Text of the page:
SMITH v. The STATE.
Thomas E. Smith, Jr., appeals his conviction after a bench trial of violating OCGA § 40-6-251, laying drags. Smith asserts 12 enumerations of error.
1. In several enumerations of error, Smith contends the trial court erred in its rulings regarding the allowance of certain evidence, in its determination of the sufficiency of the evidence produced, and in other procedural and evidentiary matters. However, Smith has failed to provide a transcript of the trial, contending that he is without sufficient financial resources to purchase it.
“It is well-settled law that without a transcript to review, this court must assume as a matter of law that the evidence at trial supported the court's findings. It is the burden of the complaining party, including pro se appellants, to compile a complete record of what happened at the trial level, and when this is not done, there is nothing for the appellate court to review․ Wright v. State, 215 Ga.App. 569, 570(2), 452 S.E.2d 118 (1994).” (Punctuation omitted; emphasis supplied.) Jones v. State, 226 Ga.App. 608, 609, 487 S.E.2d 89 (1997).
2. Smith contends that trial court employees withheld assistance. However, in his brief, Smith has failed to elaborate on his enumeration of error with argument or citation of authority. Nor does Smith explain what assistance he sought and was denied. Therefore, we have nothing to review. See Court of Appeals Rule 27(c)(2).
3. Smith contends that the trial court failed to inform him regarding his right to counsel and right to a jury trial. “When an accused is placed on trial for any offense, whether felony or misdemeanor, for which he faces imprisonment, the constitutional guarantee of right to counsel attaches. Argersinger v. Hamlin, 407 U.S. 25, 92 S.Ct. 2006, 32 L.Ed.2d 530 (1972). As with all constitutional rights, the accused may forfeit this right by a knowing and intelligent waiver․ [Additionally,] [w]hen the record is silent, waiver is never presumed and the burden is on the state to present evidence of a valid waiver. Blaylock v. Hopper, 233 Ga. 504, 212 S.E.2d 339 (1975).” Jones v. Wharton, 253 Ga. 82, 83, 316 S.E.2d 749 (1984).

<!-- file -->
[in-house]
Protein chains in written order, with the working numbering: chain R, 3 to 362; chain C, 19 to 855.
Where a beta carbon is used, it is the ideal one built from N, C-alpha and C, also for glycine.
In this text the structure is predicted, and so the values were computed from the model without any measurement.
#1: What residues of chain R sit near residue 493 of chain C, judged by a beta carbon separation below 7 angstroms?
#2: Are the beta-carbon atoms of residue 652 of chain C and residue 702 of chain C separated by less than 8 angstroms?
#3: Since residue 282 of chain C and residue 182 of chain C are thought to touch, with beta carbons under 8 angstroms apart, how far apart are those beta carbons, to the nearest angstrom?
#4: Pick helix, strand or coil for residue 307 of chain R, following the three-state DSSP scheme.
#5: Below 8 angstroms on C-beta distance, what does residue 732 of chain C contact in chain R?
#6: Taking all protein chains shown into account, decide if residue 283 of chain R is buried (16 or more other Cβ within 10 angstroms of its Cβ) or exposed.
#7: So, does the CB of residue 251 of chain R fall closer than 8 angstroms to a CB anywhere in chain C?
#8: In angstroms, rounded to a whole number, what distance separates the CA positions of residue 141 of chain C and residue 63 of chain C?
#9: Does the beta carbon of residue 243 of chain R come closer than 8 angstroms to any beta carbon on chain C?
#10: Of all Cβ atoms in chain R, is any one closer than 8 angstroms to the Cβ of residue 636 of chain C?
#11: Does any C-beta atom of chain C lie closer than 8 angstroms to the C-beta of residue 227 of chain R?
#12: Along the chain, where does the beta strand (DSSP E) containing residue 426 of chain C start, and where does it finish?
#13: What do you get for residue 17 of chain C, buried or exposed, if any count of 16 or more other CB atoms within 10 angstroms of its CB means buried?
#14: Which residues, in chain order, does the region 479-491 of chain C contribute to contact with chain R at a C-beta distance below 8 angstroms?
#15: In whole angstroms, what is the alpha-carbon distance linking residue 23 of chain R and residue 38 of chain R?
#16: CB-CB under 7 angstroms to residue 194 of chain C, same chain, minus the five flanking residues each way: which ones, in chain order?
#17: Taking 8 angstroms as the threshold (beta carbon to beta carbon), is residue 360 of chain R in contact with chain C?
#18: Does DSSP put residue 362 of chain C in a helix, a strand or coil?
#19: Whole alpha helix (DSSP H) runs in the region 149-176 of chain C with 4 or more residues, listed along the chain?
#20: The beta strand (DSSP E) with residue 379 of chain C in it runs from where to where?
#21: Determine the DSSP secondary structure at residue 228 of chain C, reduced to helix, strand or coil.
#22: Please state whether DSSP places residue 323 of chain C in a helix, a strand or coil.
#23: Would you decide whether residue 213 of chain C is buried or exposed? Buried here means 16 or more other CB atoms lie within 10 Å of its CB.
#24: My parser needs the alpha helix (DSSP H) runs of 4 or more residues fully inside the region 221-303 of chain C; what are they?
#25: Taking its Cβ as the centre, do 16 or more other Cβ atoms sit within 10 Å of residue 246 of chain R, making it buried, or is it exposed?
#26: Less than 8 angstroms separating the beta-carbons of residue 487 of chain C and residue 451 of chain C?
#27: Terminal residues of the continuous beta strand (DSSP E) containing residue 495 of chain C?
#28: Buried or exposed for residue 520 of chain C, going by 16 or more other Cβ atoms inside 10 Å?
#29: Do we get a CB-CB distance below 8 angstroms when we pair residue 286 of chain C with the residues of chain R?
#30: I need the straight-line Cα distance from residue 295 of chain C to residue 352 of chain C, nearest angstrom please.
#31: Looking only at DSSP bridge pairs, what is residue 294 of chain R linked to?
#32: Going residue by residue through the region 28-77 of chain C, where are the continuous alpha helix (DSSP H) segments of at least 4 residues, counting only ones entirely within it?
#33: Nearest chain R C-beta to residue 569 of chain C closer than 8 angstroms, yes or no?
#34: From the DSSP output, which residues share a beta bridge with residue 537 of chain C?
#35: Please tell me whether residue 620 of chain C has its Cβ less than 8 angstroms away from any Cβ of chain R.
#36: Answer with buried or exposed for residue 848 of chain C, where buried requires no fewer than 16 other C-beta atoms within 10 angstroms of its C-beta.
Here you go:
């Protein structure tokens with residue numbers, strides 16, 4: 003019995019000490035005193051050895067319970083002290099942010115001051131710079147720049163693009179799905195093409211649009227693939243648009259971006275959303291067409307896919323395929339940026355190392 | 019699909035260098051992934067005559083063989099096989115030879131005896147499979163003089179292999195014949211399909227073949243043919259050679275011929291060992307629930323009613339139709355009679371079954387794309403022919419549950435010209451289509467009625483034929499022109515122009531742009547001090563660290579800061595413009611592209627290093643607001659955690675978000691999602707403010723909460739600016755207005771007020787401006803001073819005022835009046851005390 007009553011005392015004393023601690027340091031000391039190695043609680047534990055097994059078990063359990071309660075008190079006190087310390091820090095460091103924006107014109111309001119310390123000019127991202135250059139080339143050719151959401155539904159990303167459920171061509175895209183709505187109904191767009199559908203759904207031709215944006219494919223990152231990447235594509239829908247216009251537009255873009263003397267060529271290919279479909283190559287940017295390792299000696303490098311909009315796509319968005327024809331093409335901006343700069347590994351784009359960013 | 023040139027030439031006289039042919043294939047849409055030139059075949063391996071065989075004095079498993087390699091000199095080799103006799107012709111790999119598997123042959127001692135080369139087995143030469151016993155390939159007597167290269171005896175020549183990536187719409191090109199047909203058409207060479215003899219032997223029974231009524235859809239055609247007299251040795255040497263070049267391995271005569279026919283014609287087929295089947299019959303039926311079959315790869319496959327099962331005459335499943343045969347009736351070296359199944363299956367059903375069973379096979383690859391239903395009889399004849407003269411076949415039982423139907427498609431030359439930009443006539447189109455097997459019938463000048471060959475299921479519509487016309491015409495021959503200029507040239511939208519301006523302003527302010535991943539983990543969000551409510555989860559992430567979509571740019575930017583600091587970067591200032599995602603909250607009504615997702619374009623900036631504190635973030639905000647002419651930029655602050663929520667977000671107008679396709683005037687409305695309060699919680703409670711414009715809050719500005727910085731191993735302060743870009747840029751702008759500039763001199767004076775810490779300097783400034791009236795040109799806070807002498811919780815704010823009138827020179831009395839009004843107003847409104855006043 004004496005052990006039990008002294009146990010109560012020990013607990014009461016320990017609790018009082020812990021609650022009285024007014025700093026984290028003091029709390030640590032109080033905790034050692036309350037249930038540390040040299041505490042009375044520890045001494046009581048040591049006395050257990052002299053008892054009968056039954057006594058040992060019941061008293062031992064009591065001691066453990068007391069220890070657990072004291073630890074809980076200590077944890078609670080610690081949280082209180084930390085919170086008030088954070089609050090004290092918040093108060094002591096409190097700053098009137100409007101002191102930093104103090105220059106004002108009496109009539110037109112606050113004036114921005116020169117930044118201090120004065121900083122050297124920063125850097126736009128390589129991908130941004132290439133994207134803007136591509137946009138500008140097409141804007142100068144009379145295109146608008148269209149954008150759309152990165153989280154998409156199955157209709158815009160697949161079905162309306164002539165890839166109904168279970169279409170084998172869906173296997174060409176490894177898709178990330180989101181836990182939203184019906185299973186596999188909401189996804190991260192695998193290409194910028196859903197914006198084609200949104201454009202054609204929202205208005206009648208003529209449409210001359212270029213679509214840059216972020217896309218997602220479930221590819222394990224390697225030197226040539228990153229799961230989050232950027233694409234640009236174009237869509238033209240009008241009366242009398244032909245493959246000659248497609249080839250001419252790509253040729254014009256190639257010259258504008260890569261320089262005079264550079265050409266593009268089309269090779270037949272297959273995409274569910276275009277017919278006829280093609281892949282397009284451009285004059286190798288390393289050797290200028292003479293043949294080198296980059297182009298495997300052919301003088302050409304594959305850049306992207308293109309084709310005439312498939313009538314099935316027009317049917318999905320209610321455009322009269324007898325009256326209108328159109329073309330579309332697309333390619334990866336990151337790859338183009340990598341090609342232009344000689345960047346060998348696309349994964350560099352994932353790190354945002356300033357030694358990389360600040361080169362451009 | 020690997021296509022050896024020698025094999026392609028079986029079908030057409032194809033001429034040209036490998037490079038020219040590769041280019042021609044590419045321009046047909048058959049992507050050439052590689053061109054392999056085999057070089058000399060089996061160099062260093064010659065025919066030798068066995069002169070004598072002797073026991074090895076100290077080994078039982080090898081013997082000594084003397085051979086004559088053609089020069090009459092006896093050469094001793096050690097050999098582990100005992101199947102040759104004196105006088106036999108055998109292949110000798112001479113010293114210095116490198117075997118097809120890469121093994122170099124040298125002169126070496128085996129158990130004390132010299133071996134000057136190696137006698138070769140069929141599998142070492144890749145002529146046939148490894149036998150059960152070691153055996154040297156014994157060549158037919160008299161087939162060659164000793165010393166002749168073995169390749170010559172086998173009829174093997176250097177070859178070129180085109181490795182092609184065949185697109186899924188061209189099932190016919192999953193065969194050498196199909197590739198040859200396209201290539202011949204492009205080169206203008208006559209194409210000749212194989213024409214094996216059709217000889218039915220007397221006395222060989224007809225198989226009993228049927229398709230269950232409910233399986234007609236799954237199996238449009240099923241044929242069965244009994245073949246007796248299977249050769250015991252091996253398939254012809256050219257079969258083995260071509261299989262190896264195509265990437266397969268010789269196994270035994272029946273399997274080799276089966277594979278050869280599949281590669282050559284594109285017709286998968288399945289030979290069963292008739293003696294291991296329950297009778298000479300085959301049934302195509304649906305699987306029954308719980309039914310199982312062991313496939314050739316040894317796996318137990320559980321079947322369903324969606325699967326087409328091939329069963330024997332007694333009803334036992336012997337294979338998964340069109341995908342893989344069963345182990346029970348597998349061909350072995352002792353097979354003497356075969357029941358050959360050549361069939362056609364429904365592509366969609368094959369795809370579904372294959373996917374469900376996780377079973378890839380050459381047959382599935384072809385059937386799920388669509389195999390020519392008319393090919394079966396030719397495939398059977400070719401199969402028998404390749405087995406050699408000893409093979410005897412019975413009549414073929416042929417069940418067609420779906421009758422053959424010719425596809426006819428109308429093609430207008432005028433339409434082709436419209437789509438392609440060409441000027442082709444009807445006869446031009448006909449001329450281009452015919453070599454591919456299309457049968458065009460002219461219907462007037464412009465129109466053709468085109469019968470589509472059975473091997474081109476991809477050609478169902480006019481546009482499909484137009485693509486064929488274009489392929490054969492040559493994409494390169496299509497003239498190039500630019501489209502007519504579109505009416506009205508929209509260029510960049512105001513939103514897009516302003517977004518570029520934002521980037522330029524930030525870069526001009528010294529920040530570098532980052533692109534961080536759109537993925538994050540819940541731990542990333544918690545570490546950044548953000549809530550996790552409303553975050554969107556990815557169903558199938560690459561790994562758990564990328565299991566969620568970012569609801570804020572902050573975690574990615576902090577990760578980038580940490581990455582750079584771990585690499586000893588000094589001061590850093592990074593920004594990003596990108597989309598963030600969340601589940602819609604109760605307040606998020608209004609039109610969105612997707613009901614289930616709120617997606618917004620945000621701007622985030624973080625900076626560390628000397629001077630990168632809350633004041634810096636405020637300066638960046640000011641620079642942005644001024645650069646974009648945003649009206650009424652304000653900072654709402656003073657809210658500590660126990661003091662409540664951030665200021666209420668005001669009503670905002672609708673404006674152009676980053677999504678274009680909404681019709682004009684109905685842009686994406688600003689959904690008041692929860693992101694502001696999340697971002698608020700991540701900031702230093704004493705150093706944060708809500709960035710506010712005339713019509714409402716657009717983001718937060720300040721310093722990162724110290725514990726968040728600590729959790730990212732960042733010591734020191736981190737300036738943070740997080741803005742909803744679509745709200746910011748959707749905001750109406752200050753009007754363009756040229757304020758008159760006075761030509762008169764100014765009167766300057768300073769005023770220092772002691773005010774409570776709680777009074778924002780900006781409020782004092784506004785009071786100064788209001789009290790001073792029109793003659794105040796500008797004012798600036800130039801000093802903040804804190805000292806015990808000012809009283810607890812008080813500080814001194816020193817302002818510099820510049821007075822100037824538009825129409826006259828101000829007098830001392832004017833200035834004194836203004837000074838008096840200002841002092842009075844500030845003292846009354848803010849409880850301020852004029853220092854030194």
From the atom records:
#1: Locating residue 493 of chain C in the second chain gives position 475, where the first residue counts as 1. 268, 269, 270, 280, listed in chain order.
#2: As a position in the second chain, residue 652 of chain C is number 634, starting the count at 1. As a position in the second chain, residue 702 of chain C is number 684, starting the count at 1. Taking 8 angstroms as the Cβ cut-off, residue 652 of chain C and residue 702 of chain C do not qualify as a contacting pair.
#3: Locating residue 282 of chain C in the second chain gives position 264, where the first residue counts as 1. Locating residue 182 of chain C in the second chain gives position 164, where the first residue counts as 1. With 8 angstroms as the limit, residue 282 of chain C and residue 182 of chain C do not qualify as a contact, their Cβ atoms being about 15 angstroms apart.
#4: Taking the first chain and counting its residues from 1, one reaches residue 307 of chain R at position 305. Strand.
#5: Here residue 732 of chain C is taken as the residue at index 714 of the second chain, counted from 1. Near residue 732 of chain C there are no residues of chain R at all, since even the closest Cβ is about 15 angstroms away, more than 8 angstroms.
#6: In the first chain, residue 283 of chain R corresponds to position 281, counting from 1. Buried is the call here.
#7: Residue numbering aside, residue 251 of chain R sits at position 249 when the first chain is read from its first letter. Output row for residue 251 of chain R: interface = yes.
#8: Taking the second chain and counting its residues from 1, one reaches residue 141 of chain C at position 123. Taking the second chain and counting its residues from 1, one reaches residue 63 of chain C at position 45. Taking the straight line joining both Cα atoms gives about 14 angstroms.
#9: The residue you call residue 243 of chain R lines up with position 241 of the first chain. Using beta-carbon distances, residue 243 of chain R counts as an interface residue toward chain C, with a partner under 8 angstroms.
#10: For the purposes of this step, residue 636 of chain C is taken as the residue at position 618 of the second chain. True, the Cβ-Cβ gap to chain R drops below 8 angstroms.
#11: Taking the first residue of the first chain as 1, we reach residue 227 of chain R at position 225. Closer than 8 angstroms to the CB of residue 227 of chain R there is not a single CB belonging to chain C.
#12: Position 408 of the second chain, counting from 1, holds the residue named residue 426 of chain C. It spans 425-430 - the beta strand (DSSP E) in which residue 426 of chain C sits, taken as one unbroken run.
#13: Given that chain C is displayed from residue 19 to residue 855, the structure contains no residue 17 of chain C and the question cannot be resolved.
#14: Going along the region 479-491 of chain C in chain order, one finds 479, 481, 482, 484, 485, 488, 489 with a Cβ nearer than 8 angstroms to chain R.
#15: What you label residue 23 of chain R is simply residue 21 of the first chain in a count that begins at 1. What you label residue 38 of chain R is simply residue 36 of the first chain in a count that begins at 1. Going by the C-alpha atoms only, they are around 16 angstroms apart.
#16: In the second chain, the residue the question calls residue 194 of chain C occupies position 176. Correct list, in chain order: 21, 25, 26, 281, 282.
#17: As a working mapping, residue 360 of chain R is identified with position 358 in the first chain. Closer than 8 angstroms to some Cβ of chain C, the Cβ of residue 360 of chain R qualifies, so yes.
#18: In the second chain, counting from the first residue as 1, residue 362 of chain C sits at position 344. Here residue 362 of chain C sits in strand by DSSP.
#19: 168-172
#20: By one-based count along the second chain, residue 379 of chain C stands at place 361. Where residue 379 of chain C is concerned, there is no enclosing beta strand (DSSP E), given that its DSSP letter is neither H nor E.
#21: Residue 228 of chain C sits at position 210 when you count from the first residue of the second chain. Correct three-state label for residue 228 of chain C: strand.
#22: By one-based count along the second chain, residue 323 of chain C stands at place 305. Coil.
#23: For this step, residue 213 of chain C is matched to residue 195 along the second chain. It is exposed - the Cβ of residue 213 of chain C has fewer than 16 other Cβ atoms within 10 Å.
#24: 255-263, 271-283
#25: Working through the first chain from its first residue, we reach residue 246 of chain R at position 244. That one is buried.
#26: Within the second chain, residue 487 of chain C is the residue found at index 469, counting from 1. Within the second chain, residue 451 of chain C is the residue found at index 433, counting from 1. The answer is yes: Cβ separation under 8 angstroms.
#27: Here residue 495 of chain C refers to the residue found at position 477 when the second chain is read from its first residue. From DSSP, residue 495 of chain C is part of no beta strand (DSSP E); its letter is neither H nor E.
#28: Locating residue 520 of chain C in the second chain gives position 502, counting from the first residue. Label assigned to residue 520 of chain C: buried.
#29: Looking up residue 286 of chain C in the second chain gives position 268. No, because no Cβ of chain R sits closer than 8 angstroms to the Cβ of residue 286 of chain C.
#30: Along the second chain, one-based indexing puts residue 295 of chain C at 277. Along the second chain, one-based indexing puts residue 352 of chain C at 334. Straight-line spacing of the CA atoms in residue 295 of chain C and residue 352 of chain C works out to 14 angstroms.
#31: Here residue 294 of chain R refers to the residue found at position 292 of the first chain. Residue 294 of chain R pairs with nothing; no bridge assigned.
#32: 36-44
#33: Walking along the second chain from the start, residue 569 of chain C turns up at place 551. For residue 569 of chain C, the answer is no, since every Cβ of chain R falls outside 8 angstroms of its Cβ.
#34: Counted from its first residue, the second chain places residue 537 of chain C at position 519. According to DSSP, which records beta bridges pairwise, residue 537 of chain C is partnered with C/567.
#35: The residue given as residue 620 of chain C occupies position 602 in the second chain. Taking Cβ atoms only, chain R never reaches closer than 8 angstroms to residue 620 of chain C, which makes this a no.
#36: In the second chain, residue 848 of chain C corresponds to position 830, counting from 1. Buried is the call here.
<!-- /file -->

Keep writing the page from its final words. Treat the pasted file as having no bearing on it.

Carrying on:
“[O]ur Supreme Court has interpreted Argersinger as requiring that a defendant in a misdemeanor criminal prosecution be entitled to counsel only where the defendant is sentenced to actual imprisonment.” (Punctuation omitted.) Moore v. State, 225 Ga.App. 860, 862(3) 485 S.E.2d 552 (1997). See Brawner v. State, 250 Ga. 125(2), 296 S.E.2d 551 (1982). Because Smith's sentence did not impose imprisonment, but merely a fine, “his conviction is not constitutionally invalid because of [his alleged] denial of assistance of counsel. Dotson v. State, 179 Ga.App. 233, 234(3), 345 S.E.2d 871 (1986).” Moore, supra at 862(3), 485 S.E.2d 552.
“When an appellant questions the purported waiver of his right [to a jury trial], it is up to the State to show that the waiver was intelligently made with the accused's consent. The Supreme Court enunciated two post-trial methods by which the State could successfully carry its burden of proof: (1) by showing on the record that the defendant was cognizant of the right being waived; or (2) by filing a silent or incomplete record through the use of extrinsic evidence which affirmatively shows that the waiver was knowingly and voluntarily made. (Citations and punctuation omitted.) Cooper v. State, 189 Ga.App. 286, 287(2), 375 S.E.2d 505 (1988).” (Punctuation omitted.) Keith v. State, 218 Ga.App. 729, 730-731, 463 S.E.2d 51 (1995).
The record contains a document entitled “Waiver of Formal Arraignment and Notice of Return.” The document conveys that “[w]ith exception of traffic bureau violations, you have an absolute right to trial by jury; however, this right may be waived. IF YOU WANT A LAWYER TO REPRESENT YOU, PLEASE STATE SO NOW. Defendant above named, having appeared here this 26 day of March , 19 97 , hereby waives formal arraignment; does not want to be interviewed for a court appointed attorney; and does waive right to a jury trial.”
The Uniform Traffic Citation itself also contains a section entitled “Appearance, Plea of Not Guilty and Waiver,” in which Smith admitted that he had been advised of his “rights to be represented by counsel and have counsel appointed to represent [him] if [he was] indigent; plead not guilty and be tried by a jury or a judge; confront the witnesses against [him]; and, not give incriminating evidence against [himself].” Smith signed the waiver indicating that he waived these rights and acknowledged that he had not been induced by any threat or promise to enter his plea of not guilty.
The record affirmatively shows that Smith was informed of his right to a jury trial and that he voluntarily waived it. Therefore, this enumeration is without merit.
POPE, P.J., and JOHNSON, J., concur.